Mathematics Stack Exchange is a question and answer site for people studying math at any level and professionals in related fields. Join them; it only takes a minute:

Sign up
Here's how it works:
  1. Anybody can ask a question
  2. Anybody can answer
  3. The best answers are voted up and rise to the top

Let $C[1,e]$ be the set of continuous real-valued functions with domain $W:=[1,e]$.

Let $$\langle f, g\rangle = \int_1^e {1 \over x} f(x)g(x)\,dx $$ be a function.

Determine whether $\langle \cdot, \cdot\rangle$ is an inner product. (i.e. $(a,b): W \times W \to C$ (C is complex set)

In order that it be a inner product it has to meet 3 conditions:

  1. $\forall f \in W $ , an inner product of $(f,f) \ge 0 $, $f = 0 \iff (f,f) = 0$

So I tried to solve this integral:

$$\int {1 \over x}f(x)f(x)\,dx = \int {1 \over x}f(x)^2\,dx = {1 \over x}f(x)^2 - \int{1 \over x}2f(x) = {f(x)^2 \over x} - 2 \int {f(x) \over x} $$

Then I got stuck. can you please help? thanks in advance.

share|cite|improve this question
You made a mistake when integrating by parts– you should have $$ \log (x) f(x)^2 - \int 2 f(x) \log (x)\,dx$$ – Omnomnomnom Oct 20 '13 at 17:05
up vote 3 down vote accepted

First, this is a good question! You said what step you're stuck at, and didn't try to get help solving the entire problem before you get through that step. I wish everybody here did that. Kudos.

It's not the right approach to try to calculate the integral. You can't—$f(x)$ is arbitrary, and could be something quite terrible and complicated (and check your steps!—they don't work). But let's look again at what we'd like to prove:

$$ \int_1^e \frac{1}{x} f(x)^2 dx \geq 0$$

Again, don't start manipulating the equation until you have a plan. How would we show this? How do you tell, just from looking at it, that an integral can't be negative?

Pay attention to the domain of integration—if you change $1$ and $e$ to something else, the problem might be false. Try plugging in some really simple functions if you need to (like $f(x)=x$). Maybe draw a picture.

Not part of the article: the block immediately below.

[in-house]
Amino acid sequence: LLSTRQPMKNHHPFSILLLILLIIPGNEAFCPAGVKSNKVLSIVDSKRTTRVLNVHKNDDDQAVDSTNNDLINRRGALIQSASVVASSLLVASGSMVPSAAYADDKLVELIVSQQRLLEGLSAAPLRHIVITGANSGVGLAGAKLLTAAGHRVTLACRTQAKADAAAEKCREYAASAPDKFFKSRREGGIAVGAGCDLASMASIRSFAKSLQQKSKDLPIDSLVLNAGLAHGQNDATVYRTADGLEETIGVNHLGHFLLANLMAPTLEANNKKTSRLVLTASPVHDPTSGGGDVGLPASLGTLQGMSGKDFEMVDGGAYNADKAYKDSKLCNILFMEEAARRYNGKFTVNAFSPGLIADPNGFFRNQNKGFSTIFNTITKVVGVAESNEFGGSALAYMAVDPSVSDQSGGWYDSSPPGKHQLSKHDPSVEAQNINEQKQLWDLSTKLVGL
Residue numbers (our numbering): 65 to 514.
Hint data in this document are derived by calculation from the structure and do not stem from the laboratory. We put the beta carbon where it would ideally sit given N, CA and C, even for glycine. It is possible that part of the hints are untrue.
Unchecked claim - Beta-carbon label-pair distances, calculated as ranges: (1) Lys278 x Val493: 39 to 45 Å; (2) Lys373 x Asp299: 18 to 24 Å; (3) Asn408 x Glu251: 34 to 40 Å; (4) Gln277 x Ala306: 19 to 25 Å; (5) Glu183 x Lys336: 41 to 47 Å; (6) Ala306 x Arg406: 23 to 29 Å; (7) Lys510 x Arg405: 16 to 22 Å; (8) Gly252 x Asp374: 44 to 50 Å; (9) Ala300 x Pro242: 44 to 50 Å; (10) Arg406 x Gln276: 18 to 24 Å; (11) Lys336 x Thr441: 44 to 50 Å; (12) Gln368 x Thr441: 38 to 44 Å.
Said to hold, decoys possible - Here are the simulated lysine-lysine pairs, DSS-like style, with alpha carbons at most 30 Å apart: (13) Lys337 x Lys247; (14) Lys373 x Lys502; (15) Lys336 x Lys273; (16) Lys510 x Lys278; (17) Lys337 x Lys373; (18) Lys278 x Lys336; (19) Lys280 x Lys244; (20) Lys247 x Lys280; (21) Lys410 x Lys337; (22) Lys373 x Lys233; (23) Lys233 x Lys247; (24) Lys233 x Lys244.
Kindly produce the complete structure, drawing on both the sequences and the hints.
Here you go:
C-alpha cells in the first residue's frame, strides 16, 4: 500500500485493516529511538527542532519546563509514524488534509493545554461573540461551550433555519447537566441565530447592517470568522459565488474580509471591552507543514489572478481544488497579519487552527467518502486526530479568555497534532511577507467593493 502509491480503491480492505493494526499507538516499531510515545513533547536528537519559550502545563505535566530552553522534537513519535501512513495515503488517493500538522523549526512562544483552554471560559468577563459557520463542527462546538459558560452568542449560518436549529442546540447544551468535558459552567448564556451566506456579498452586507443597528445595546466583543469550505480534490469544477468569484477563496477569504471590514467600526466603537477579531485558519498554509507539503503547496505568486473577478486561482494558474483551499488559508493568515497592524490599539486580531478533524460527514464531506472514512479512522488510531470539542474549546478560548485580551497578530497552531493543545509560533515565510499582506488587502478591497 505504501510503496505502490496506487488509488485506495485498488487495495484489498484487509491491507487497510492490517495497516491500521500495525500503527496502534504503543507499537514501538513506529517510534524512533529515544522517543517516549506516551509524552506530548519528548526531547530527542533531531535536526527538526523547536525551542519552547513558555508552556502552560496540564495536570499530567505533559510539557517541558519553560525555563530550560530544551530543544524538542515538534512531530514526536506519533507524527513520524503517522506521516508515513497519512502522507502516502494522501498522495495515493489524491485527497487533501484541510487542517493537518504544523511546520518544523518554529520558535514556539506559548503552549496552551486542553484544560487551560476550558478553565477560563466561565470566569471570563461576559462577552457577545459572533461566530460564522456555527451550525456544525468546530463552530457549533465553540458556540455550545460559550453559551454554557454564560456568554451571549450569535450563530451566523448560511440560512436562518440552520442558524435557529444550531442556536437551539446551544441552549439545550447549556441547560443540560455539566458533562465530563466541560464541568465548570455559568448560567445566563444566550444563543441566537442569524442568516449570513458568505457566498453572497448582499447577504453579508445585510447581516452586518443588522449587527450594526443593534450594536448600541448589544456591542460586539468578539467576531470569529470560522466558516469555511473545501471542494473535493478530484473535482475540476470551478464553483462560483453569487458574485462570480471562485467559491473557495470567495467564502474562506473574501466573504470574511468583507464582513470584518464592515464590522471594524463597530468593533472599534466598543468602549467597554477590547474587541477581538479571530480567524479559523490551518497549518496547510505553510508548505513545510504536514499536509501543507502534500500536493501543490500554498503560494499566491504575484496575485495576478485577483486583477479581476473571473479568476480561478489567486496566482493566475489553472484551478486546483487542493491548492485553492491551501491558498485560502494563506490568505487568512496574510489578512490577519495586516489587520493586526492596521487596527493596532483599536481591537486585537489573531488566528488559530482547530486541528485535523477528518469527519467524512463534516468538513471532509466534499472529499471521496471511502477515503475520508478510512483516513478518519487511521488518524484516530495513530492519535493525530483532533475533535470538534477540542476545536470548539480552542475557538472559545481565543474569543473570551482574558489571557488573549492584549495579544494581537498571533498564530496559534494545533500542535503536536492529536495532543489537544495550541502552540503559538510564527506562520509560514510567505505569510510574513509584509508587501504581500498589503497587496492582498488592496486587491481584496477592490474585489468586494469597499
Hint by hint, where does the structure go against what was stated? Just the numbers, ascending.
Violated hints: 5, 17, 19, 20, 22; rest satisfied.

But there aren't any complex mathematics needed here. Just one simple realization.

Think about what an integral is. Can integrals ever be negative? How? Think about the reverse question: What conditions should $g(x)$ meet to guarantee that $\int_a^b g(x)dx$ is always non-negative?

share|cite|improve this answer

Don't think in terms of evaluating the integrals; think in terms of using the properties of integrals to your advantage.

For example: we can show that first condition holds based on the following fact:

  • The integral of a non-negative continuous function over an interval is zero if and only if that function is (identically) zero everywhere on that interval

Now, we can make the following argument: suppose $f(x)$ is non-zero function over $[1,e]$. Then $f(x)^2$ is a non-negative function that is not identically $0$. Thus, $\frac 1x f(x)$ is a non-negative function that is not identically zero, which means that $\int_1^e \frac 1x f(x)^2 dx$ is non-zero.

Now, suppose $f(x) = 0$. Then $\int_1^e \frac 1x f(x)^2 dx = 0$.

Thus, the first property is satisfied.

share|cite|improve this answer

Your Answer


By posting your answer, you agree to the privacy policy and terms of service.

Not the answer you're looking for? Browse other questions tagged or ask your own question.